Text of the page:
An important piece of Monstrous moonshine is the j-function,

$$j(\tau) = \frac{1}{q}+744+196884q+21493760q^2+\dots\tag{1}$$

In the paper "*Umbral Moonshine*" (2013), page 5, authors Cheng, Duncan, and Harvey define the function,

$$H^{(2)}(\tau)=2q^{-1/8}(-1 + 45q + \color{blue}{231}q^2 + 770q^3 + 2277q^4 + 5796q^5+\dots)\tag{2}$$

It was first observed in *Notes on the K3 Surface and the Mathieu group M24* (2010) by Eguchi, Ooguri, and Tachikawa that the first five coefficients of $(2)$ are equal to the dimensions of irreducible representations of $M_{24}$.

*Edit (Nov. 23)*

For info, in the paper cited by J.Harvey below, in page 44, eqn(7.16) and (7.19), the authors missed a tiny but crucial + sign $n\in\mathbb{Z^{\color{red}{+}}}$ in the summation:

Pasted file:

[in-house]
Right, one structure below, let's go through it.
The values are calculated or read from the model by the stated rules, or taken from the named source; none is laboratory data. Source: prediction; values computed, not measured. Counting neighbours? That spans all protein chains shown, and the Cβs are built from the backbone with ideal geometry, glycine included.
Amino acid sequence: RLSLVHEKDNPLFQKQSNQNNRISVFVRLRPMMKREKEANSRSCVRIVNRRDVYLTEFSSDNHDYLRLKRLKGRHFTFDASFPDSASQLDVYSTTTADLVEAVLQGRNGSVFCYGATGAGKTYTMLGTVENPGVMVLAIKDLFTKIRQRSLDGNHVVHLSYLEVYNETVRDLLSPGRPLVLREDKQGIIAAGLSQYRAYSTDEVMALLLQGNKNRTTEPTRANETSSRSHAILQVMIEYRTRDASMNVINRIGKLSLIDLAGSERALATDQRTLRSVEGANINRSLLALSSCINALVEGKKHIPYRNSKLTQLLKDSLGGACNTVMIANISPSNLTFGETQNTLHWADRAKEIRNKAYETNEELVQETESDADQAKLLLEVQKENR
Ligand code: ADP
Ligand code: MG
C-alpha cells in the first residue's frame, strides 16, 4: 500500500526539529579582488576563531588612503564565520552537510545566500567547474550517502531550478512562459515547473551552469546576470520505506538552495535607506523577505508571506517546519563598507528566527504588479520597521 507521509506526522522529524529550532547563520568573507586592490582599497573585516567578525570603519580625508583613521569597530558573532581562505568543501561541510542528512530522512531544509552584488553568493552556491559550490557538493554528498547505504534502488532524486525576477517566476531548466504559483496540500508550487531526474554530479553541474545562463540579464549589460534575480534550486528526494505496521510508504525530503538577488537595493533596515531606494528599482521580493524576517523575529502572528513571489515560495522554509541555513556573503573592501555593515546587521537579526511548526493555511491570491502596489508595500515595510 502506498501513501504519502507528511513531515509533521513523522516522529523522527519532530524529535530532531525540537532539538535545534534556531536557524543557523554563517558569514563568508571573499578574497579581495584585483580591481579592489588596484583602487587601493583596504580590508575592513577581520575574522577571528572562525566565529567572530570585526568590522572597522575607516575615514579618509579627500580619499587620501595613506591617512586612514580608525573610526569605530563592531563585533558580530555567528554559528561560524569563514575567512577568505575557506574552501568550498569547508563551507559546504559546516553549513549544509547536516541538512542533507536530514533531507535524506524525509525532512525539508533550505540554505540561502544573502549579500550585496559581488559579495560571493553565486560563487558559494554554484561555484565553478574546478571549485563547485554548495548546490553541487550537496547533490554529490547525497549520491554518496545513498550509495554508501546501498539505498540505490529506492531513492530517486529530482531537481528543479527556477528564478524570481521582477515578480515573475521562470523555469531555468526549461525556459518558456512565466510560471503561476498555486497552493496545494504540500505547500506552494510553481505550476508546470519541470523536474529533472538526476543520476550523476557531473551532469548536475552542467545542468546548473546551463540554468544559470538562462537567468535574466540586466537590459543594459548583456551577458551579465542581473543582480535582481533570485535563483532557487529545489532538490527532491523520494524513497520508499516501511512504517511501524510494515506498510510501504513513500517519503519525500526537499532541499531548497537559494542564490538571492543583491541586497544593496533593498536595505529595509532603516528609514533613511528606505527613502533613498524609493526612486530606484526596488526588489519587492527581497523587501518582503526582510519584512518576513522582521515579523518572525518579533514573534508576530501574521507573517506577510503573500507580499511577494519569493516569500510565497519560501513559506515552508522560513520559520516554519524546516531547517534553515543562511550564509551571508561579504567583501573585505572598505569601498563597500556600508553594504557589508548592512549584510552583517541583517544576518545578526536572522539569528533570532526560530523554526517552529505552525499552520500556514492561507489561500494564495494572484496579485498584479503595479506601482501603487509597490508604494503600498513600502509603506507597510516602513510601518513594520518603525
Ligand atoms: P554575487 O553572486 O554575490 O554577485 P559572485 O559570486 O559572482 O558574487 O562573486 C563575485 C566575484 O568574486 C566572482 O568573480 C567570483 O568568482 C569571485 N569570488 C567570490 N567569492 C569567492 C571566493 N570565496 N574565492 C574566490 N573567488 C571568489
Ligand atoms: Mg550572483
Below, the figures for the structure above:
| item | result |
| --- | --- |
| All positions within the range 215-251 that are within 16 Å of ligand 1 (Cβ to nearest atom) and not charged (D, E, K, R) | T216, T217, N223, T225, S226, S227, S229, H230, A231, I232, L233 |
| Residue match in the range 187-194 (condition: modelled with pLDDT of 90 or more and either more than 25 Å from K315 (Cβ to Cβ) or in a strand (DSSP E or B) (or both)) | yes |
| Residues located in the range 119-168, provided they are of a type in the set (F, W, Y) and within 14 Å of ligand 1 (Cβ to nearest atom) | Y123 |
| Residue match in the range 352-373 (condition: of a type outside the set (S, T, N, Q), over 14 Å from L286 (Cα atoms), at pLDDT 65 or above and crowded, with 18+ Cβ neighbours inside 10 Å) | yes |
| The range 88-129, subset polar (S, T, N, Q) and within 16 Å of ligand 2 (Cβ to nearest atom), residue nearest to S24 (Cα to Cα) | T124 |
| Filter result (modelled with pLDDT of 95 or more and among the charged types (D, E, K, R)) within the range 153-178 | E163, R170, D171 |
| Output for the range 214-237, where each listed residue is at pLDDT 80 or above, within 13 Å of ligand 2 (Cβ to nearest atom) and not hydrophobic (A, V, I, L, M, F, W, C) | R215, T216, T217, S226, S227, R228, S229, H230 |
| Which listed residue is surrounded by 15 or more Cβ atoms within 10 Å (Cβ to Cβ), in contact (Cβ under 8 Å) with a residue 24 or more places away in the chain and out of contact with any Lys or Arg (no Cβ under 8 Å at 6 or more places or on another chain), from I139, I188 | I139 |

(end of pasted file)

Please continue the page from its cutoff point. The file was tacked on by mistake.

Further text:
$$\begin{aligned}h^{(2)}(\tau)&=\frac{\vartheta_2(0,p)^4-\vartheta_4(0,p)^4}{\eta(\tau)^3}-\frac{24}{\vartheta_3(0,p)}\sum_{n\in\mathbb{Z^{\color{red}{+}}}}\frac{q^{n^2/2-1/8}}{1+q^{n-1/2}}\\ &=q^{-1/8}(-1+45q+231q^2+770q^3+2277q^4+\dots)\end{aligned}$$

where $q = p^2$, *nome* $p = e^{\pi i \tau}$, *Jacobi theta functions* $\vartheta_n(0,p)$, and Dedekind eta function $\eta(\tau)$.

**Questions:**

Does anyone know how to compute the rest of the coefficients of $(2)$? (The OEIS only has the first nine.)

For $\tau=\tfrac{1+\sqrt{-163}}{2}$, is $H^{(2)}(\tau)$ algebraic or transcendental? Does it have a neat closed-form expression like $j(\tau) = -640320^3$?

Is the appearance of $\color{blue}{231}$ in $j\big(\tau) = -12^3(231^2-1)^3$ a coincidence? (Note also that its smaller sibling $j\big(\tfrac{1+\sqrt{-67}}{2}\big) = -12^3(21^2-1)^3$ and $M_{23}$ has dimensions $1,42,210$.)

Likewise, in $\left(\frac{\eta(\tau)}{\eta(3\tau)}\right)^{12} = -3^5 \left(231-\sqrt{2(-26679+2413\sqrt{3\cdot163})} \right)^{-2}$ where $\eta(\tau)$ is the Dedekind eta function.